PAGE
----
Home
Privacy
Contact Us

Famous Women

Joan of Arc
Susan B. Anthony
Clara Barton
Cleopatra

Hillary Clinton
Marie Curie
Princess Diana
Emily Dickinson
Amelia Earhart
Queen Elizabeth I
Queen Elizabeth II
Jane Fonda
Betty Ford
Indira Gandhi
Jane Goodall
Catherine the Great
Helen Keller
Mary Magdalene
Catherine de Medici
Golda Meir
Marilyn Monroe
Grandma Moses
Queen Nefertiti
Florence Nightengale
Sandra Day O'Connor
Georgia O'Keeffe
Rosa Parks
Eleanor Roosevelt
Elisabeth Kubler-Ross
Wilma Rudolph
Mary Queen of Scots
Gloria Steinem
Martha Stewart
Elizabeth Taylor
Mother Teresa
Margaret Thatcher
Harriet Tubman
Queen Victoria
Oprah Winfrey
Babe Didrikson Zaharias


CATEGORIES

Bullfighters
Singers


MORE INFO

Resources

Sandra Day O'Connor

With the recent appointments of Elena Kagan and Sonia Sotomayor to the U.S. Supreme Court, it shows that 30 years after Sandra Day O'Connor's appointment to the U.S. Supreme Court it is now possible for young girls to see examples of distinguished women who work not only as teachers, nurses or secretaries but also in the higher positions of U.S. government. This is particularly true for Hispanic-American women with the appointment of Sonia Sotomayor to the bench.

Sandra Day O'Connor
Sandra Day O'Connor

Prior to Sandra Day O'Connor's appointment to the U.S. Supreme Court, we were in the middle of the third wave of feminism which started around the mid-1960s, and more women entered traditionally male-dominated fields such as business, law, academia, print and broadcast journalism, and even politics. These fields were usually a good-ole-boys clubs that didn't favor women's entry into them for decades.

But even as more women entered the workforce and as abortion became legal in the United States in 1973, it didn't mean that the struggle for women's rights ended. But Sandra Day O'Connor's appointment showed the nation that we were ready to allow women the opportunity to serve in highest levels of government.

Sandra Day O' Connor was born on March 26, 1930 in El Paso, Texas. Her father was Harry Alfred Day and mother was Ada Mae Day. She and her family grew up on a ranch and while her parents taught her the importance of hard work, they also wanted her to have a good education so that she'd succeed in life as an adult.

In 1946, Sandra Day O' Connor graduated from Austin High School and in 1950 she received her bachelor's degree in economics from Stanford University. Sandra went on to attend Stanford Law School and she served on the Stanford Law Review along with future Supreme Court Chief Justice William Rehnquist. In 1952, she married John Jay O'Connor and they had three children including Scott, Brian and Jay.

In Sandra Day O'Connor's early career, many law firms would not hire her because she was a woman. She persisted and the hard work paid off when she became the Deputy County Attorney of San Mateo County from 1952-1953. From 1965-1969 she served as Assistant Attorney General of Arizona and in 1969 she was appointed to the Arizona State Senate and was reelected to this position as a Republican to two two-year terms.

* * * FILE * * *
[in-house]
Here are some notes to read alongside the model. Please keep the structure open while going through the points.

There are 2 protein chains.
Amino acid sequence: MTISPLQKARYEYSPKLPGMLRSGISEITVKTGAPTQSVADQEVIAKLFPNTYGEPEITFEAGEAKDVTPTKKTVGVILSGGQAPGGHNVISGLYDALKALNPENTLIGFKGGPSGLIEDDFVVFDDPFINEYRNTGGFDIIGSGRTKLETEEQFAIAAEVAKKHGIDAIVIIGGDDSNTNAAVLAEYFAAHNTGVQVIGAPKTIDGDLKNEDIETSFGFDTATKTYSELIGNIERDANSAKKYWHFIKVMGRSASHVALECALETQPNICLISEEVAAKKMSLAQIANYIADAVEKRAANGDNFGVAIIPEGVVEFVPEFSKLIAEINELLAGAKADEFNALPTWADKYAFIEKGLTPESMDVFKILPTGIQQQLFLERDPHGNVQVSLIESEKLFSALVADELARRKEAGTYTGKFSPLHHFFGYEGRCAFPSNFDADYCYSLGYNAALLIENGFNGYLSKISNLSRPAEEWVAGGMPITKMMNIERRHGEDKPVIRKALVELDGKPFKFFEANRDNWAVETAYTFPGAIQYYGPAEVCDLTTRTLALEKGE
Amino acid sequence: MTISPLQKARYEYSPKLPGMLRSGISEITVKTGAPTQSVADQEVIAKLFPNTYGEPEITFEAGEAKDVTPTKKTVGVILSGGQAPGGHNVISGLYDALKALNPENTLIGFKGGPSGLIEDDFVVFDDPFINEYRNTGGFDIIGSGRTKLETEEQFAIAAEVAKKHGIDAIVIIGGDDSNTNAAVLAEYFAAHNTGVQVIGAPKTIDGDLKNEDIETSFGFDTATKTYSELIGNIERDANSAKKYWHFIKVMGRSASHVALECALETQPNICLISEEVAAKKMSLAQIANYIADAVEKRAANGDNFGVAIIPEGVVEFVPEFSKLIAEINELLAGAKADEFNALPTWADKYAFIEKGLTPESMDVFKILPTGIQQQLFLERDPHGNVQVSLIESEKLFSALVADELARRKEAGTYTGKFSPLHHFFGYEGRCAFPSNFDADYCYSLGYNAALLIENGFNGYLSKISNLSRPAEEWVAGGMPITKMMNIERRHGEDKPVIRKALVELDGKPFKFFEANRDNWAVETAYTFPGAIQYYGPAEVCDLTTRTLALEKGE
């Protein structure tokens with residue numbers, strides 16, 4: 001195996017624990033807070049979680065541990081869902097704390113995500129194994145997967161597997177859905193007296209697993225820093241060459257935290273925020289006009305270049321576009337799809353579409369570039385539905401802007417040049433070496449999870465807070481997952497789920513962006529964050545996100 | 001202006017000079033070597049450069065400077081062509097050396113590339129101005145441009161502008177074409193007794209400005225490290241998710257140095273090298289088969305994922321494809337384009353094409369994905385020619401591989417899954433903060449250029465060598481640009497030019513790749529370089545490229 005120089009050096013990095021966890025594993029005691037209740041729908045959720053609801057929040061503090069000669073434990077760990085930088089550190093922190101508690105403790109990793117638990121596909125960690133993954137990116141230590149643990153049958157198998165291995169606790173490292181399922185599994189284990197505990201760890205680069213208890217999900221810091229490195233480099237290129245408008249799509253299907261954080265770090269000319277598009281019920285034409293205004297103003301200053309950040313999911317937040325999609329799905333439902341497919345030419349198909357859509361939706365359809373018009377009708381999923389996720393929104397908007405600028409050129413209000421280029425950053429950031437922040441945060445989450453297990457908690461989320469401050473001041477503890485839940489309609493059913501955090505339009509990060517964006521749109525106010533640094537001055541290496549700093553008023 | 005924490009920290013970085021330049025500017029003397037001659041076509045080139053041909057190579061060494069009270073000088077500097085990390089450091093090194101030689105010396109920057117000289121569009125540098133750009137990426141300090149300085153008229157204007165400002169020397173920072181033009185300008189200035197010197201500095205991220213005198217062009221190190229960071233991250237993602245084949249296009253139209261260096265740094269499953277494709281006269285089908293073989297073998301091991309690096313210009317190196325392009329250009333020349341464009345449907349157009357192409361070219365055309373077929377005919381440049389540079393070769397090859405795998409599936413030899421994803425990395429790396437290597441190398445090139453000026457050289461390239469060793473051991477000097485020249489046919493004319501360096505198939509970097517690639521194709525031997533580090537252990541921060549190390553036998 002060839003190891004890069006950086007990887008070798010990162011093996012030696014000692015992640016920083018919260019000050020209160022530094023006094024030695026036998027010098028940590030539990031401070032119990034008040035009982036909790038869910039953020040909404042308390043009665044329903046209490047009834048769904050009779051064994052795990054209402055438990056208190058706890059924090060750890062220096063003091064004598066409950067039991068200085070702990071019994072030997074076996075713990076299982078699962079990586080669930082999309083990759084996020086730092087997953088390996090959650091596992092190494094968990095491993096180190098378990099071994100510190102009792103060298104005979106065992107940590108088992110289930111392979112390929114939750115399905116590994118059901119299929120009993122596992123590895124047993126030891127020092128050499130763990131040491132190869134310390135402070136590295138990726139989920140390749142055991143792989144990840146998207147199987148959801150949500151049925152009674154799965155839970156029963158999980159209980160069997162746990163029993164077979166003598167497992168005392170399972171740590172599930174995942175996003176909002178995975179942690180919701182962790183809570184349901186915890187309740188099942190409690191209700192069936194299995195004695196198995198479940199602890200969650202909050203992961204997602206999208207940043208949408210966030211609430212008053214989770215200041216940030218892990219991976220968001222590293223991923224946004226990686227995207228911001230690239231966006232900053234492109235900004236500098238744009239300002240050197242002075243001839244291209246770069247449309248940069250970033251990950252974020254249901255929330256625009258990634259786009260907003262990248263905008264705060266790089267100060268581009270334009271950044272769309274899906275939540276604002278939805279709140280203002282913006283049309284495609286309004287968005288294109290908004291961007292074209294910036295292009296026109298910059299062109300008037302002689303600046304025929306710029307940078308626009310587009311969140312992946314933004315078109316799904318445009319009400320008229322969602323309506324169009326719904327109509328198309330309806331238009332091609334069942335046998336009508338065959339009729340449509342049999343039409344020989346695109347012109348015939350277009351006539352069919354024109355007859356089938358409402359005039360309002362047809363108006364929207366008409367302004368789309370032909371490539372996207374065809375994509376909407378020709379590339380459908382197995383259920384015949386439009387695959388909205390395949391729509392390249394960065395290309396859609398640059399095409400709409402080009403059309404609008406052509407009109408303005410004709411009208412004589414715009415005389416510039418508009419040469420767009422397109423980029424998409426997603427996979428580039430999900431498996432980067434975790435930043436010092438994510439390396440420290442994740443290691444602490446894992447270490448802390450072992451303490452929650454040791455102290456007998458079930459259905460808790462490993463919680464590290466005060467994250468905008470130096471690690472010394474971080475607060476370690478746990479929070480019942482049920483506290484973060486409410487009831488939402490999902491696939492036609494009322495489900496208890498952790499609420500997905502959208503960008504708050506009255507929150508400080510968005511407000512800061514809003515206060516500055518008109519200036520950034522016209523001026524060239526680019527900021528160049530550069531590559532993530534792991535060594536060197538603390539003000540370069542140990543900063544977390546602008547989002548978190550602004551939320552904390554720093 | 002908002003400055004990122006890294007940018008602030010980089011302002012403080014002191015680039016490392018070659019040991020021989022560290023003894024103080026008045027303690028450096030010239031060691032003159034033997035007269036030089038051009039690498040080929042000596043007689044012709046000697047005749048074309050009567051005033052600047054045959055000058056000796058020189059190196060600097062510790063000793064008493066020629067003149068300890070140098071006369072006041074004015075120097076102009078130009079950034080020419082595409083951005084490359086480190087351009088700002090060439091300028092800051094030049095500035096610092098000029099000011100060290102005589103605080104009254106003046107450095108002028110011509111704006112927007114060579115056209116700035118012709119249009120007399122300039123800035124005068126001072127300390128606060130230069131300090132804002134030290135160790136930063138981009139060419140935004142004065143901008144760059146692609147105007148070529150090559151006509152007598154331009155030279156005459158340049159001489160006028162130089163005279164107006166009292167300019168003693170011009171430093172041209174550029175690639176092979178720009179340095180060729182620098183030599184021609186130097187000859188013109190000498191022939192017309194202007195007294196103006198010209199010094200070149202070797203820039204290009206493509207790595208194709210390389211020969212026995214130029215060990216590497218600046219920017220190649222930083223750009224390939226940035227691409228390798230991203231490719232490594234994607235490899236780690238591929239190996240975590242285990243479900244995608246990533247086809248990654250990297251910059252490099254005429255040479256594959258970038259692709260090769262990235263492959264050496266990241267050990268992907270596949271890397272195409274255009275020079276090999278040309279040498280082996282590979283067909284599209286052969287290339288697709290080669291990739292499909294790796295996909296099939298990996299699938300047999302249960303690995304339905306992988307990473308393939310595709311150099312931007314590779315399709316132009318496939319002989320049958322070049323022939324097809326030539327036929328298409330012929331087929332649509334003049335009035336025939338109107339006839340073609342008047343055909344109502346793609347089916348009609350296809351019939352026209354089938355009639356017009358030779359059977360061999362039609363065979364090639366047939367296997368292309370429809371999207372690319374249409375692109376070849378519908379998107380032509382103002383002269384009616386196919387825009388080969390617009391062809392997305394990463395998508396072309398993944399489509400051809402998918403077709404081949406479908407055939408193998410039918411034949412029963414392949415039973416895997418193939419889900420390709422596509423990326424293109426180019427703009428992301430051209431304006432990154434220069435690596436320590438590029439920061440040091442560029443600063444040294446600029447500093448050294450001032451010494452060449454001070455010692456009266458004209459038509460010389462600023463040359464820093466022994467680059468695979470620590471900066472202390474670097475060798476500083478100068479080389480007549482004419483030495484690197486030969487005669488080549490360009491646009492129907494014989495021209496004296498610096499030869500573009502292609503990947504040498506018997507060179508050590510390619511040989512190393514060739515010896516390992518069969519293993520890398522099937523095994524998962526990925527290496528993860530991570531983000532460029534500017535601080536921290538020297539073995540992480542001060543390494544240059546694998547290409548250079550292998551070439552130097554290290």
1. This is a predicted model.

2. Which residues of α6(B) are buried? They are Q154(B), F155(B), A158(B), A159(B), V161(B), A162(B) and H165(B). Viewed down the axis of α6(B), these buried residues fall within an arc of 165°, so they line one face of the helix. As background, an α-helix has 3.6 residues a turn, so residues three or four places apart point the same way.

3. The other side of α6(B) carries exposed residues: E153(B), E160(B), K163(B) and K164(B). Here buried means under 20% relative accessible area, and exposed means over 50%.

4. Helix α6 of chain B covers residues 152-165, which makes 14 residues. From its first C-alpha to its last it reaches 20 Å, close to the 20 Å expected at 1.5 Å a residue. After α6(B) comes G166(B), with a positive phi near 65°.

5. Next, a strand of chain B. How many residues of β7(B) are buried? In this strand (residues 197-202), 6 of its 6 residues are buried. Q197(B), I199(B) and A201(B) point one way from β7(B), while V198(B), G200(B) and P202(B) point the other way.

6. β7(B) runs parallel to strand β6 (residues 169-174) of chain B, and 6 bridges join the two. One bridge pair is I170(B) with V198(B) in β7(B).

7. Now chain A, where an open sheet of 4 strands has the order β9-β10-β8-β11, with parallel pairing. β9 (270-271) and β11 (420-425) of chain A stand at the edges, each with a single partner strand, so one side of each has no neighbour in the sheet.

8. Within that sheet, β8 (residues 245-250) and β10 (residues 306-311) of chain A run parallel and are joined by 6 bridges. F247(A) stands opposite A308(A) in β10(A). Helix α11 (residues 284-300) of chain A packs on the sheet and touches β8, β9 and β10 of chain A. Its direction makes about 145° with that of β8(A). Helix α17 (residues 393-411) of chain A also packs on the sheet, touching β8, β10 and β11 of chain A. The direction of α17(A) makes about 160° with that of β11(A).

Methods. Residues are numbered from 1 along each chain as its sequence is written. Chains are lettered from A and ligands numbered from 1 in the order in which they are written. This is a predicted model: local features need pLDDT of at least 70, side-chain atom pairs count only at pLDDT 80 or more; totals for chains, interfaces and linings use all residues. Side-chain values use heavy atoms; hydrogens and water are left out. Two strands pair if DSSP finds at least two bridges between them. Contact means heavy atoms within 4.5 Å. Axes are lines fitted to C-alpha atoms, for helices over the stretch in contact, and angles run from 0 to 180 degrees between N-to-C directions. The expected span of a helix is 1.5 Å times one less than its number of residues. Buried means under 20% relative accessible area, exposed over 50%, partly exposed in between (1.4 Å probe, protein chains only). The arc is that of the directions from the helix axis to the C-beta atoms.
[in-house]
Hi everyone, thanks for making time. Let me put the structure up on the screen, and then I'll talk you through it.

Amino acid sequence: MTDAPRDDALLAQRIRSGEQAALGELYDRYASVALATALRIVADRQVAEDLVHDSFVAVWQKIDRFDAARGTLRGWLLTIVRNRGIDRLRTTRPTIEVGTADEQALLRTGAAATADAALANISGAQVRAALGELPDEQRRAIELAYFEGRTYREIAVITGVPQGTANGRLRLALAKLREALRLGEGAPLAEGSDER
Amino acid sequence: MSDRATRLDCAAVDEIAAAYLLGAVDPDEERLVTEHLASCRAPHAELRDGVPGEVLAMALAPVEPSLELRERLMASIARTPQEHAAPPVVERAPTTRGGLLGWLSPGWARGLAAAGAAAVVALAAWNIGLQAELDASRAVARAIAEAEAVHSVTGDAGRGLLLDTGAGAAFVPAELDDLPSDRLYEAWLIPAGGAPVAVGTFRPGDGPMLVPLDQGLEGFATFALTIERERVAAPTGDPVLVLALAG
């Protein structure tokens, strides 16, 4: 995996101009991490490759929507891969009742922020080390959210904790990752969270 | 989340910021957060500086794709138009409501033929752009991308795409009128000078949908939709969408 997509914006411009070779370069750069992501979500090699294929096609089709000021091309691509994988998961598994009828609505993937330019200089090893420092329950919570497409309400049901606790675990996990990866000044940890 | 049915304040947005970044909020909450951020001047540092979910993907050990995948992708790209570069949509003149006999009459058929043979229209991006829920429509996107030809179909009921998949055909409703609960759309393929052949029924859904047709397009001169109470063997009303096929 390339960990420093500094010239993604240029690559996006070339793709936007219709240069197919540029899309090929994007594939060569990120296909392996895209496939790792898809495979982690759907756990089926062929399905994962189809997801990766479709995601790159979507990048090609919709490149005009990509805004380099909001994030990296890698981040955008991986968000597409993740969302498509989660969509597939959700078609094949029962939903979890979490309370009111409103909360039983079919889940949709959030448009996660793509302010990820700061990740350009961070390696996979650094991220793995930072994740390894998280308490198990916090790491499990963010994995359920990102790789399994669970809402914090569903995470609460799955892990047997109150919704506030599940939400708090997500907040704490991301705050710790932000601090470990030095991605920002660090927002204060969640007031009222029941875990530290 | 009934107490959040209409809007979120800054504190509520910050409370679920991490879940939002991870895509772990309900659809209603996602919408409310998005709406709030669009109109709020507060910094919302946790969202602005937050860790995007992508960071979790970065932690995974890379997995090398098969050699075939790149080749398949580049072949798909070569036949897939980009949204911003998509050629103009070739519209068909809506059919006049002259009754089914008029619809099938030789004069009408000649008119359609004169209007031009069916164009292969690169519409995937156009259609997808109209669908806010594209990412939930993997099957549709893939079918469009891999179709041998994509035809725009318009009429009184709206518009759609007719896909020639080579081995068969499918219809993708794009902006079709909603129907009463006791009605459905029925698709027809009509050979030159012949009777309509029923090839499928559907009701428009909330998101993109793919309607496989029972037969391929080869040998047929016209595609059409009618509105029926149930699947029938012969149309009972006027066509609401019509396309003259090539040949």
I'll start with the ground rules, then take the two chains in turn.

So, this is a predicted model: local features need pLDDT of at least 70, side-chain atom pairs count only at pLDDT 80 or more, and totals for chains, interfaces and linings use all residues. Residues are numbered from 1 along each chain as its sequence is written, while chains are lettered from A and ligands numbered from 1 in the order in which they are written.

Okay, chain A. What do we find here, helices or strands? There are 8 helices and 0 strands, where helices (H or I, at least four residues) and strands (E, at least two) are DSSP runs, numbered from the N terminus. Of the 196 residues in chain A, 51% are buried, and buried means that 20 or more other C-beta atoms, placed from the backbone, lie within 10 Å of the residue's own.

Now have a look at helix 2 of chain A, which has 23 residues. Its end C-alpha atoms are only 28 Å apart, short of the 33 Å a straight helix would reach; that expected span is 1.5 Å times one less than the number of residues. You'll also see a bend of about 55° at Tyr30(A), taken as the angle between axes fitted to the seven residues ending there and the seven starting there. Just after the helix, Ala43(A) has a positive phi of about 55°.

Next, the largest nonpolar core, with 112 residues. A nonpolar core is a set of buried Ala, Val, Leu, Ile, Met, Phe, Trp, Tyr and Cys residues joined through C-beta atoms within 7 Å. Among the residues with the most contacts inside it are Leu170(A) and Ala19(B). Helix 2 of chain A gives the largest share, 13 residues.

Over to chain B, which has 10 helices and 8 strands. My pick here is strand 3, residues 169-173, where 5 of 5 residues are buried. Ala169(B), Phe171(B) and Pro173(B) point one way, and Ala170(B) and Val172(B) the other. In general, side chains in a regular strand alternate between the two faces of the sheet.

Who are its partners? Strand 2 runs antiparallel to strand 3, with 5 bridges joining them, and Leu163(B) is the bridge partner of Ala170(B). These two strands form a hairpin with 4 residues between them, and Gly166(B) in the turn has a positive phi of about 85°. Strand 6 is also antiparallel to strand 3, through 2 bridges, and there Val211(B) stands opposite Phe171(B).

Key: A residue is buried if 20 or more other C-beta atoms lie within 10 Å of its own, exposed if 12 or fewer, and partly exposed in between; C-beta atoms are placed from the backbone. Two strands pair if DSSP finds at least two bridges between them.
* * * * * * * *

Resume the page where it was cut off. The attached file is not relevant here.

In 1975, she was elected judge of the Maricopa County Superior Court. In 1979 Sandra was appointed to the Arizona Court of Appeals where she remained until her appointment to the U.S. Supreme Court in 1981 by Ronald Reagan.

One of Sandra Day O'Connor's key decisions while on the Supreme Court was the 1982 Mississippi University for Women vs. Hogan case, where she decided that it was unconstitutional for a state nursing school to refuse to admit male students. In the U.S. vs. Eichman case in 1990, she concluded that the burning of the American flag is protected by the First Amendment.

There was also the 1985 Wallace vs. Jaffree case, in which she decided that moments of silence in public schools are constitutional. In the famous Planned Parenthood vs. Casey case in 1992, she challenged the 1982 Abortion Control Act in Pennsylvania, which required married women to inform their husbands before getting an abortion and minors to inform their parents before getting an abortion.

She felt that these aspects of the law violated women's privacy rights regarding an abortion. Finally, there was the incident in 2000 when she and her fellow Supreme Court justices stopped the recount of votes in Florida during the presidential campaign of Al Gore and George W. Bush. This resulted in George W. Bush's election to the presidency in 2000. Sandra Day O'Connor retired from the U.S. Supreme Court in 2006 breaking the glass ceiling and being reknowned as one of the most famous women in recent U. S. political history.


There is a secret you don't know …

Besides the factual Sandra Day O' Connor biography presented above there is one small secret about the former Supreme Court Justice that you may not have heard about. This secret is that Sandra Day O' Connor once had a vivid dream yelling at actor Jack Nicholson, shaking him and telling him, "You can't handle the truth!"


 

Copyright © 2014 FemStory.com, all rights reserved. No content may be used without written permission.